For America is BP India's Union Carbide?
Is Union Carbide’s horrific environmental disaster of 1984 America’s ‘BP’? Yesterday’s minimal sentences passed down on eight former Carbide employees, did not include the then Chief Executive Warren Anderson. No one has ever acted upon the arrest warrant that was issued for his arrest. No one until yesterday was ever brought to book. America and her then multi-national, in effect, took little or no action to remedy the disaster.
When I visited Bhopal in 2002 – 15 years after it had happened, the stench still hung over the site. The wreckage stood untouched since the devastating explosion that left 50 tonnes of the toxin – methyl isocyanate – hanging in a cloud over the City’s slums.
At least 3,000 people died immediately, some 15,000 are estimated to have died since as a result of ingesting the fumes. Many birth deformities have occurred and many cancers diagnosed amongst survivors. It is alleged that the ground water remains dangerously polluted.
Beyond the 11 people killed aboard the exploding oil rig in the Gulf of Mexico no one has yet died from the consequent oil spill. Yet an American president is now at war with a British multi-national and all political guns are blazing.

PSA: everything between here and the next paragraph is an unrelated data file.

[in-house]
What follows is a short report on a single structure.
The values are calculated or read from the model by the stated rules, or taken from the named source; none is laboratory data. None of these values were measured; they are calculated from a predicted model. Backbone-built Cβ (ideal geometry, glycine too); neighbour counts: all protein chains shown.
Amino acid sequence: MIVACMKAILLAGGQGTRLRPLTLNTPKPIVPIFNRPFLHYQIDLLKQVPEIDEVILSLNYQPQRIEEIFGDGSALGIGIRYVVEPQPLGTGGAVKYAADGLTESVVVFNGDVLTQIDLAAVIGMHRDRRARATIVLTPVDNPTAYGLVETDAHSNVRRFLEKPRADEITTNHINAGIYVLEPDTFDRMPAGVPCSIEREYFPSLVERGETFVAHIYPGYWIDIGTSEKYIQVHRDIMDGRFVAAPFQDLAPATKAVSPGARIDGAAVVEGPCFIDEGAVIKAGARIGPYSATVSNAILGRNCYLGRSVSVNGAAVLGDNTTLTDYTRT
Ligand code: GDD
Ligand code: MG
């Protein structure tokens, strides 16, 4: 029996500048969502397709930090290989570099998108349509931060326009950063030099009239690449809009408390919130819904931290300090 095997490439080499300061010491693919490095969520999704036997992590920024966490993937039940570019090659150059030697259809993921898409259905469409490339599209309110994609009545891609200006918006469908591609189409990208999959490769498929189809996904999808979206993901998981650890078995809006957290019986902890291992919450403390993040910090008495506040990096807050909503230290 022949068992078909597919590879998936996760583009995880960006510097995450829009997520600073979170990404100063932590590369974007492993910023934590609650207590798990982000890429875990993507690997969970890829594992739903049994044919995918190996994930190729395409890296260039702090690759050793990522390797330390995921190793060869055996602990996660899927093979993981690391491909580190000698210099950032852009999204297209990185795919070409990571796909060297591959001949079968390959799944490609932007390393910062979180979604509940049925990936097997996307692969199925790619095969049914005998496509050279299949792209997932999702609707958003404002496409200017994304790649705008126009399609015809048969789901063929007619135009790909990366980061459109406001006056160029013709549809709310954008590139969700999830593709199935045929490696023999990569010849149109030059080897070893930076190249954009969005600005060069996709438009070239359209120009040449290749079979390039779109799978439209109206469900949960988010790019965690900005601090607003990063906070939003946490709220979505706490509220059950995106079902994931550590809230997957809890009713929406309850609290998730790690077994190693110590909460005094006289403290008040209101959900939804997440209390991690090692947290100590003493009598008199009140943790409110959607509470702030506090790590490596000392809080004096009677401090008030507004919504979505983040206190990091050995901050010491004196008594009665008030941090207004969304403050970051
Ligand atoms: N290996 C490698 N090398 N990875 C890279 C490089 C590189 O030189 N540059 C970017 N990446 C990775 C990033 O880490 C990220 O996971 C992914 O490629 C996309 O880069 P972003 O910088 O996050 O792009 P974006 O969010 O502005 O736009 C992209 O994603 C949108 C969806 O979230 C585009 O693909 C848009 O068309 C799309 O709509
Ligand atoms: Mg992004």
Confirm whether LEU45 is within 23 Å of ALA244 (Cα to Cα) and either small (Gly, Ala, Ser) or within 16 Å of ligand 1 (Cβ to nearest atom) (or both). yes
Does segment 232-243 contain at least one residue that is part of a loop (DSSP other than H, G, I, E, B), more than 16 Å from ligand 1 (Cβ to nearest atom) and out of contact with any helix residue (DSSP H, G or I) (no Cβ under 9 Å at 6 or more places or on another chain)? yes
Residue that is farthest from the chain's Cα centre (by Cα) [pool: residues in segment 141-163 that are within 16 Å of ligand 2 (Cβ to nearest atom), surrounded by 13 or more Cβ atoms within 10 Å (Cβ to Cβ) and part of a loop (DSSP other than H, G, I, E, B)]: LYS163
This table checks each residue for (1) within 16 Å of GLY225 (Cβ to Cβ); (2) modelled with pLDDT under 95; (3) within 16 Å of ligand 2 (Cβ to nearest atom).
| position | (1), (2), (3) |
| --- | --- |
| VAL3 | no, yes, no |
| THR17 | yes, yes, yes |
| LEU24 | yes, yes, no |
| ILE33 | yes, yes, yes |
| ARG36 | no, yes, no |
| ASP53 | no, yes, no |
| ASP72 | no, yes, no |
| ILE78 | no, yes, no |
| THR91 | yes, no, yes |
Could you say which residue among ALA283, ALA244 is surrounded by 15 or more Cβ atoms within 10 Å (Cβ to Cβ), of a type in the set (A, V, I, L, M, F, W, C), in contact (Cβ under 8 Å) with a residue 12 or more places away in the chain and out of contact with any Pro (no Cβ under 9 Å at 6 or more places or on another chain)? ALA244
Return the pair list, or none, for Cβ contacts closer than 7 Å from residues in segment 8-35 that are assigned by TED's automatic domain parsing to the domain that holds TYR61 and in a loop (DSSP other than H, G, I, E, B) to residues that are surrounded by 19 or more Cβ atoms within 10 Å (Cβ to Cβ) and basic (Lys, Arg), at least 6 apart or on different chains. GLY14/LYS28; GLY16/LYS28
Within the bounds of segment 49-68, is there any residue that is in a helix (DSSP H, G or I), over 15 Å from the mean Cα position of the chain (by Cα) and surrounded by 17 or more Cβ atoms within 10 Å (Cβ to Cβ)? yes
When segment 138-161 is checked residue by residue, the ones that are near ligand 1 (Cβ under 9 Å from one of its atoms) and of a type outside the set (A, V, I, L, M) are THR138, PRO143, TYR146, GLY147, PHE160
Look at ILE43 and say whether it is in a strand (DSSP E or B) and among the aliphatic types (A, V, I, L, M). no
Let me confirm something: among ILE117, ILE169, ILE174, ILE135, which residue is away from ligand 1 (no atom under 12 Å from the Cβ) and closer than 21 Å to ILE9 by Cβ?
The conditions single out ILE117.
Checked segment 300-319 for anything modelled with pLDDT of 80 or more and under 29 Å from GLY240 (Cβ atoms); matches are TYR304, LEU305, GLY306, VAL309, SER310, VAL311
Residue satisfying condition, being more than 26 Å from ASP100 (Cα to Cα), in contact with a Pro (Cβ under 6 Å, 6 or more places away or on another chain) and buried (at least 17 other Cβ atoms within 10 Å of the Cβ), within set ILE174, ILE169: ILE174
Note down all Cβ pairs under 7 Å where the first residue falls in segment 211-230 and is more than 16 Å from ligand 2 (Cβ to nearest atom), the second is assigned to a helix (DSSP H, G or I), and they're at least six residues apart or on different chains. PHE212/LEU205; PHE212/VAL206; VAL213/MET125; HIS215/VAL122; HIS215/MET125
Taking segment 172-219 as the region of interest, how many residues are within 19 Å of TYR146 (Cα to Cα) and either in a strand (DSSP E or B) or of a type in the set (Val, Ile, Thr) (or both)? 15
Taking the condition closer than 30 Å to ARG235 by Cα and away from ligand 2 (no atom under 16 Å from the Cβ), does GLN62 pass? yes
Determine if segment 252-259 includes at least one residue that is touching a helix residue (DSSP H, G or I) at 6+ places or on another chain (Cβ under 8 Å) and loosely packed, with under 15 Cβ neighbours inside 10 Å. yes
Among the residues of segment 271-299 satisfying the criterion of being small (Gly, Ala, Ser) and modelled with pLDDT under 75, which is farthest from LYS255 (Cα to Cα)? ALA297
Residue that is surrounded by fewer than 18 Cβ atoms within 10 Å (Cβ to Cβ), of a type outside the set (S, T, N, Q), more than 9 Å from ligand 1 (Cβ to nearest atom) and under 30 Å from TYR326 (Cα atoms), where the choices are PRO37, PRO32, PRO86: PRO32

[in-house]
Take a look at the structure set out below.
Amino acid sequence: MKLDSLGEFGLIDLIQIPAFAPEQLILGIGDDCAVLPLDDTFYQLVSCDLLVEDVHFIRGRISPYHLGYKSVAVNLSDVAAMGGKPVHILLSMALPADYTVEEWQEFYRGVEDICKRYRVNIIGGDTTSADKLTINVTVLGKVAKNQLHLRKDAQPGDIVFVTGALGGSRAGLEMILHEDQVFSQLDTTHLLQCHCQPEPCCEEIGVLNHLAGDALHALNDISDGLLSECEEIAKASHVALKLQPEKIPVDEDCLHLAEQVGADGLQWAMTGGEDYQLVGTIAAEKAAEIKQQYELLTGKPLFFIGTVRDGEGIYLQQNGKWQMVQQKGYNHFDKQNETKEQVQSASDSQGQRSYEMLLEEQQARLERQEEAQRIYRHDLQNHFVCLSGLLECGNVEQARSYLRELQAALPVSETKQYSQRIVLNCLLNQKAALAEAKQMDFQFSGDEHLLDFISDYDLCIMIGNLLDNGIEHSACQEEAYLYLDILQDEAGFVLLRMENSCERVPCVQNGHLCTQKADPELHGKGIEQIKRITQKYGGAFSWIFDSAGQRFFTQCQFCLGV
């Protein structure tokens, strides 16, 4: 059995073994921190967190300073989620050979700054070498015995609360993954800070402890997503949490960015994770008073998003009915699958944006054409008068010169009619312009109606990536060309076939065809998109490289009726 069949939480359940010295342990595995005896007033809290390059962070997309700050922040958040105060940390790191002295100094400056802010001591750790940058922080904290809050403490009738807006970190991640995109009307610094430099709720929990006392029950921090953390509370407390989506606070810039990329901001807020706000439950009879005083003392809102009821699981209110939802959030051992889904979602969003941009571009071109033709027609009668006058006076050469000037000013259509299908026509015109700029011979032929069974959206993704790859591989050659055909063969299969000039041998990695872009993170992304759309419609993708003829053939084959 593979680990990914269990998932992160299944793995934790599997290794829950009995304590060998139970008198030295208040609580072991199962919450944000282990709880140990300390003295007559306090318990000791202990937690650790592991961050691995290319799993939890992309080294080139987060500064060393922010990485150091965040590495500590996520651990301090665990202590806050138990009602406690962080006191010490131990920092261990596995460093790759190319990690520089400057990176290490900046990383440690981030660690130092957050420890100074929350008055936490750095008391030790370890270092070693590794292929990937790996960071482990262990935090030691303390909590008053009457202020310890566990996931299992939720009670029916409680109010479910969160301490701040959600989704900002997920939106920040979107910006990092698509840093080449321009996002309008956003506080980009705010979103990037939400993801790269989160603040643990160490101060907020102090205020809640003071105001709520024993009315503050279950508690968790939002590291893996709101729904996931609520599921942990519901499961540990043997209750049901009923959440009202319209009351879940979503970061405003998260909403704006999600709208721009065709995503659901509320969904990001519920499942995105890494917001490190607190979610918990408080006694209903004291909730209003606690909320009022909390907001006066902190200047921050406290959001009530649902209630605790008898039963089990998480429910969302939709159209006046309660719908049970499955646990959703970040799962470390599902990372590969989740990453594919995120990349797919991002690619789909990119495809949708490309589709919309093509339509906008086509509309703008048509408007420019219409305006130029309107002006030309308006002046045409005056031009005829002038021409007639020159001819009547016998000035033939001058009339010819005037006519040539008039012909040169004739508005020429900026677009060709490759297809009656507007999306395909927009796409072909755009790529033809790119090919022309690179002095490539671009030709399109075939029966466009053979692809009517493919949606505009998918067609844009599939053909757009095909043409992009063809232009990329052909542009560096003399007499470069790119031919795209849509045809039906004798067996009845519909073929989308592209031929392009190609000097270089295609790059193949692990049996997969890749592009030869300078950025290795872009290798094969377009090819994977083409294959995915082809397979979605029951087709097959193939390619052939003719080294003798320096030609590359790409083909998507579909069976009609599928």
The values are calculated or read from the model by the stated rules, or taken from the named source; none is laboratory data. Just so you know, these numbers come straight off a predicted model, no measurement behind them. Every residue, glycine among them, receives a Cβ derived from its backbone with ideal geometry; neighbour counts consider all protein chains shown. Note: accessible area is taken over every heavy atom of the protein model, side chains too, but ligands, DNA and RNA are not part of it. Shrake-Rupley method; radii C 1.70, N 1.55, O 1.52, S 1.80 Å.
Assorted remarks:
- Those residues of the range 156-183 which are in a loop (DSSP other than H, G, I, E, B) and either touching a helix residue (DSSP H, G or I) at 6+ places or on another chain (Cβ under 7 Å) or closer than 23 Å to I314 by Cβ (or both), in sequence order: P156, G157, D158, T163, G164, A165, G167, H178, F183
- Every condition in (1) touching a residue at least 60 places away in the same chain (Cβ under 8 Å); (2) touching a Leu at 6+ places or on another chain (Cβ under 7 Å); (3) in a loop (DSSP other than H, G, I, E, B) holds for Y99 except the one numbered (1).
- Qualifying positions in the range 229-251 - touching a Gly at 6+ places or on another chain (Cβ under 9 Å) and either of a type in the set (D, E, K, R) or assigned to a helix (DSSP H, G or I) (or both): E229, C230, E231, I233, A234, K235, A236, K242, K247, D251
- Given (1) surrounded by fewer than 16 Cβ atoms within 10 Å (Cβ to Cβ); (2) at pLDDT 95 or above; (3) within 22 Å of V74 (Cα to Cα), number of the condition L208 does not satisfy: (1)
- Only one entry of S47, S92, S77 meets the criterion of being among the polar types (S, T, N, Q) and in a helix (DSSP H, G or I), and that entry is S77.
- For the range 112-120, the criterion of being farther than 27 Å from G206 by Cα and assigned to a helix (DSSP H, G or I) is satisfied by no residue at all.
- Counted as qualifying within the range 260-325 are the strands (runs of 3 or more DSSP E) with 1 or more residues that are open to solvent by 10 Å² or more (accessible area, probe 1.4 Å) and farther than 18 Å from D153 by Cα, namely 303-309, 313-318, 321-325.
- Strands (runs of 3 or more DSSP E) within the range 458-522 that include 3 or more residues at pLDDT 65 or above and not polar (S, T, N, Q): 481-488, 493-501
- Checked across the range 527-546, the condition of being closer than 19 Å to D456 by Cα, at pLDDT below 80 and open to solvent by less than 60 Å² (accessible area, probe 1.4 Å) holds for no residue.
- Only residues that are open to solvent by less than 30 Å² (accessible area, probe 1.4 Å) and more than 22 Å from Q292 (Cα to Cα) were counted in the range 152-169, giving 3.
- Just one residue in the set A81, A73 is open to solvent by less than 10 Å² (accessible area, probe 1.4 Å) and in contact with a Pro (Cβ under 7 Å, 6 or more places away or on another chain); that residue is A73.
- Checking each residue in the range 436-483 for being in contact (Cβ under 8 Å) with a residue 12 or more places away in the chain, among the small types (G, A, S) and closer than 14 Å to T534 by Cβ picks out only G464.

Had President Ronald Reagan expended against Union Carbide a tenth of Mr Obama’s energy and rhetoric today focused on BP, would life and death for the people of Bhopal might have turned out very differently?
Perhaps what Union Carbide and BP tell us is that even in a globalised world, holding great multi nationals to account is technically extremely difficult.
The eight carbide employees sentenced yesterday for their role in the Bhopal disaster have got two years in jail and a little more than £1,000 each in fines. No one expects anyone from BP, Haliburton, or Trans Ocean, to go to prison, let alone to have to pay personal fines.
Perhaps the fact that BP is voluntarily paying for both the battle to contain the oil and to clean it up is real progress.
But if BP’s disaster had happened off Nigeria or Uganda’s Lake Victoria oil field, could we have been so sure?
Is this still a globalising world with one outcome for the rich and another for the poor?